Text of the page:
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The Libertarian Reader: Classic and Contemporary Writings from Lao Tzu to Milton Friedman Paperback – February 4, 1998


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The Libertarian Reader: Classic and Contemporary Writings from Lao Tzu to Milton Friedman + Libertarianism: A Primer + What It Means to Be a Libertarian
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Product Details

  • Paperback: 480 pages
  • Publisher: Free Press; 1st Pbk. Ed edition (February 4, 1998)
  • Language: English
  • ISBN-10: 0684847671
  • ISBN-13: 978-0684847672
  • Product Dimensions: 6.1 x 1.4 x 9.2 inches
  • Shipping Weight: 1.2 pounds (View shipping rates and policies)
  • Average Customer Review: 4.7 out of 5 stars  See all reviews (15 customer reviews)
  • Amazon Best Sellers Rank: #272,892 in Books (See Top 100 in Books)

Editorial Reviews

Amazon.com Review

Conceived as the companion volume to David Boaz's Libertarianism, this anthology comprising the likes of Lao-tzu and Milton Friedman is a treasure trove. That's because libertarianism touches on such important issues as the nature and extent of individual rights, the proper powers of government, and the virtues and shortcomings of the marketplace, and besides, it has tempted many of history's best minds. Pound for pound, the most impressive piece of reasoning here is philosopher Robert Nozick's attempt to defend a "minimal state, limited to the narrow functions of protection against force, theft, [and] fraud, [and] enforcement of contracts" and the view "that any more extensive state will violate persons' rights not to be forced to do certain things." Still, I wonder if Nozick has always turned down federal research grants and has always refused to pay income taxes, and if he hasn't, why not? --This text refers to an out of print or unavailable edition of this title.

About the Author

David Boaz is executive vice president of the Cato Institute. He is the author of Libertarianism: A Primer (an updated edition to be released in 2015 called The Libertarian Mind), and his articles have appeared in The New York Times, The Wall Street Journal, The Washington Post, and the Los Angeles Times. He lives in the Washington, DC, area.

More About the Author

David Boaz is the executive vice president of the Cato Institute. He has played a key role in the development of the libertarian movement. He is the author of "Libertarianism: A Primer," described by the Los Angeles Times as "a well-researched manifesto of libertarian ideas," and of "The Politics of Freedom"; and the editor of "The Libertarian Reader," the "Cato Handbook For Policymakers," "Liberating Schools," "The Crisis in Drug Prohibition," and other books. His articles have been published in the Wall Street Journal, the New York Times, the Washington Post, the Los Angeles Times, National Review, and Slate. He is a frequent guest on national television and radio shows, and has appeared on "Politically Incorrect with Bill Maher," "Crossfire," Bill Buckley's "Firing Line," NPR's "Talk of the Nation" and "All Things Considered," "John McLaughlin's One on One," Fox News Channel, BBC, Voice of America, Radio Free Europe, and other media. He is a popular speaker on college campuses and at corporate and community events.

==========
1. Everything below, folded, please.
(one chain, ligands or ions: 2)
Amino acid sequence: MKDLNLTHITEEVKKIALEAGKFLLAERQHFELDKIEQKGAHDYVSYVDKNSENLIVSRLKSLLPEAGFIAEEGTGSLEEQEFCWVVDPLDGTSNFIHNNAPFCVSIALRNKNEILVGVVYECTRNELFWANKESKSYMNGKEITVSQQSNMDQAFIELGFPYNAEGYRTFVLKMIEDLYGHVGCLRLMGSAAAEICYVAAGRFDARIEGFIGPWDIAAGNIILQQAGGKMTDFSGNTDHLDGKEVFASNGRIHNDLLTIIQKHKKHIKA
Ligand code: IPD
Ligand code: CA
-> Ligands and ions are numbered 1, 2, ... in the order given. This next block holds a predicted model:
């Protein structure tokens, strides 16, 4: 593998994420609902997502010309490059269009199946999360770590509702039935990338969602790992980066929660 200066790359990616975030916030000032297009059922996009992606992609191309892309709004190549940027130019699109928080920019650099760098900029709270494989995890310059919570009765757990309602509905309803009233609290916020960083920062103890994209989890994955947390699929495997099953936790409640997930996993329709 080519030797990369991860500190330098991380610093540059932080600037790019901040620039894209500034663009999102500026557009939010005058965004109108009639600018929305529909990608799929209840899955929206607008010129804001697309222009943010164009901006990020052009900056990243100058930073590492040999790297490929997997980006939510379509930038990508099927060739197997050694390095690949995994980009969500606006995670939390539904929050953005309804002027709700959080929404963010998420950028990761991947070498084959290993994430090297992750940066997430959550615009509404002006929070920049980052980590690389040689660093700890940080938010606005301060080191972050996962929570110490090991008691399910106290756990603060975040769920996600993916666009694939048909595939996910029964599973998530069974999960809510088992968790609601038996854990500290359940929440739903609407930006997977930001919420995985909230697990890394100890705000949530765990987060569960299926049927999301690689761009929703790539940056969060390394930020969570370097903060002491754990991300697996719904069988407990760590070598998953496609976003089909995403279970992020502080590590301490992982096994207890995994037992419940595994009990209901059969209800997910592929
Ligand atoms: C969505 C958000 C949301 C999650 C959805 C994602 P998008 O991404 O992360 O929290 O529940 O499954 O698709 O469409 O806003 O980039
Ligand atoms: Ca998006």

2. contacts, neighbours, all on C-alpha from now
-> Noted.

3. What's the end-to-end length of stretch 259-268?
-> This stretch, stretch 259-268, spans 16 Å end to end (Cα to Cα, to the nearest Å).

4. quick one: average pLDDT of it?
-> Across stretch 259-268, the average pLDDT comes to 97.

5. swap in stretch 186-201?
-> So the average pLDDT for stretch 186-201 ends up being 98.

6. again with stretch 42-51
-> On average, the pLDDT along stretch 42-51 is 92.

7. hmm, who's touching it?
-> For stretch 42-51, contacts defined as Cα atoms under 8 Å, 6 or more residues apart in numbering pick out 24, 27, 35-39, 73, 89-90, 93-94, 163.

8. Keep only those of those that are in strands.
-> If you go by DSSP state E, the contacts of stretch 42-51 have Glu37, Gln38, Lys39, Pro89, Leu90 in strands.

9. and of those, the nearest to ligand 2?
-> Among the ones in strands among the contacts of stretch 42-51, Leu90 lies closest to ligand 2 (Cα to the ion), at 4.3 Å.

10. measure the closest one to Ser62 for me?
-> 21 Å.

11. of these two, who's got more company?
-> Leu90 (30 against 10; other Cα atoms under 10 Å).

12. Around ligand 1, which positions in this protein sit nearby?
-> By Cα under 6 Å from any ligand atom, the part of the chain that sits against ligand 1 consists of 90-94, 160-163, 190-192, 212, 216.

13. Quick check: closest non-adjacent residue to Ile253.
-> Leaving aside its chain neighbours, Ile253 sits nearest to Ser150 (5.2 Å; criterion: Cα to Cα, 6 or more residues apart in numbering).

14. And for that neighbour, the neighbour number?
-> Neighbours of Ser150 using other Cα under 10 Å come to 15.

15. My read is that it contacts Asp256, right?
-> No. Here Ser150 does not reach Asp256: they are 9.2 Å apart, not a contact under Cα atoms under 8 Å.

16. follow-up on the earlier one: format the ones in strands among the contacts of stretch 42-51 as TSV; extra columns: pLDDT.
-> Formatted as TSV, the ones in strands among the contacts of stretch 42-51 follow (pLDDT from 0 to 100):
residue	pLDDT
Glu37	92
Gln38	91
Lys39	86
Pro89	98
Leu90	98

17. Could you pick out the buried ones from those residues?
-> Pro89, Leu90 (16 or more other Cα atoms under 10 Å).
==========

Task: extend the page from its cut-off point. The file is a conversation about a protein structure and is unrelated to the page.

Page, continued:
Customer Reviews

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I read this book in high school, I felt like it made libertarianism an accessible topic.
Rachael
Very good to have on hand for debates with those defend the welfare state with good intentions, but ultimately loose more than they bargained for in the process.
Steven
In the 1950s, economist F.A. Hayek deplored those who would assign the libertarian appellation to him.
R. Setliff

Most Helpful Customer Reviews

40 of 43 people found the following review helpful By A Customer on March 18, 1997
Format: Hardcover
For years now, I have been collecting an assortment of my favorite essays in a handful of binders. Photocopys, internet downloads, you name it. When I came upon a particularly good essay that captured my political philosophy, I stuffed it into my little binder.

I always wondered: why doesn't somebody take this collection of essays and put them into a book?

Well, David Boaz has apparently beaten me to it in his collection of libertarian thought and philosophy, The Libertarian Reader. Not only are many of my favorite essays here, but a couple more that I've never read before. (Apparently, Mr. Boaz has been collecting essays longer than I have.)

This book is essential for a number of reasons. For the curious, The Libertarian Reader offers an introduction to the ideas of free markets, private property rights, and individual rights and freedoms. For the veteran, The Libertarian Reader puts a nice hardbound cover on years of ideas, allowing people like me to throw away the old mangled binders of paper.

The essays in The Libertarian Reader are brief and concise. For people looking for a quick introduction to the libertarian thoughts, each individual essay can easily be read in 15-minute sittings. Some of the biggest names in history, literature and economics are included here, including Ayn Rand, Thomas Jefferson, John Stuart Mill, Frederick Douglas and Adam Smith.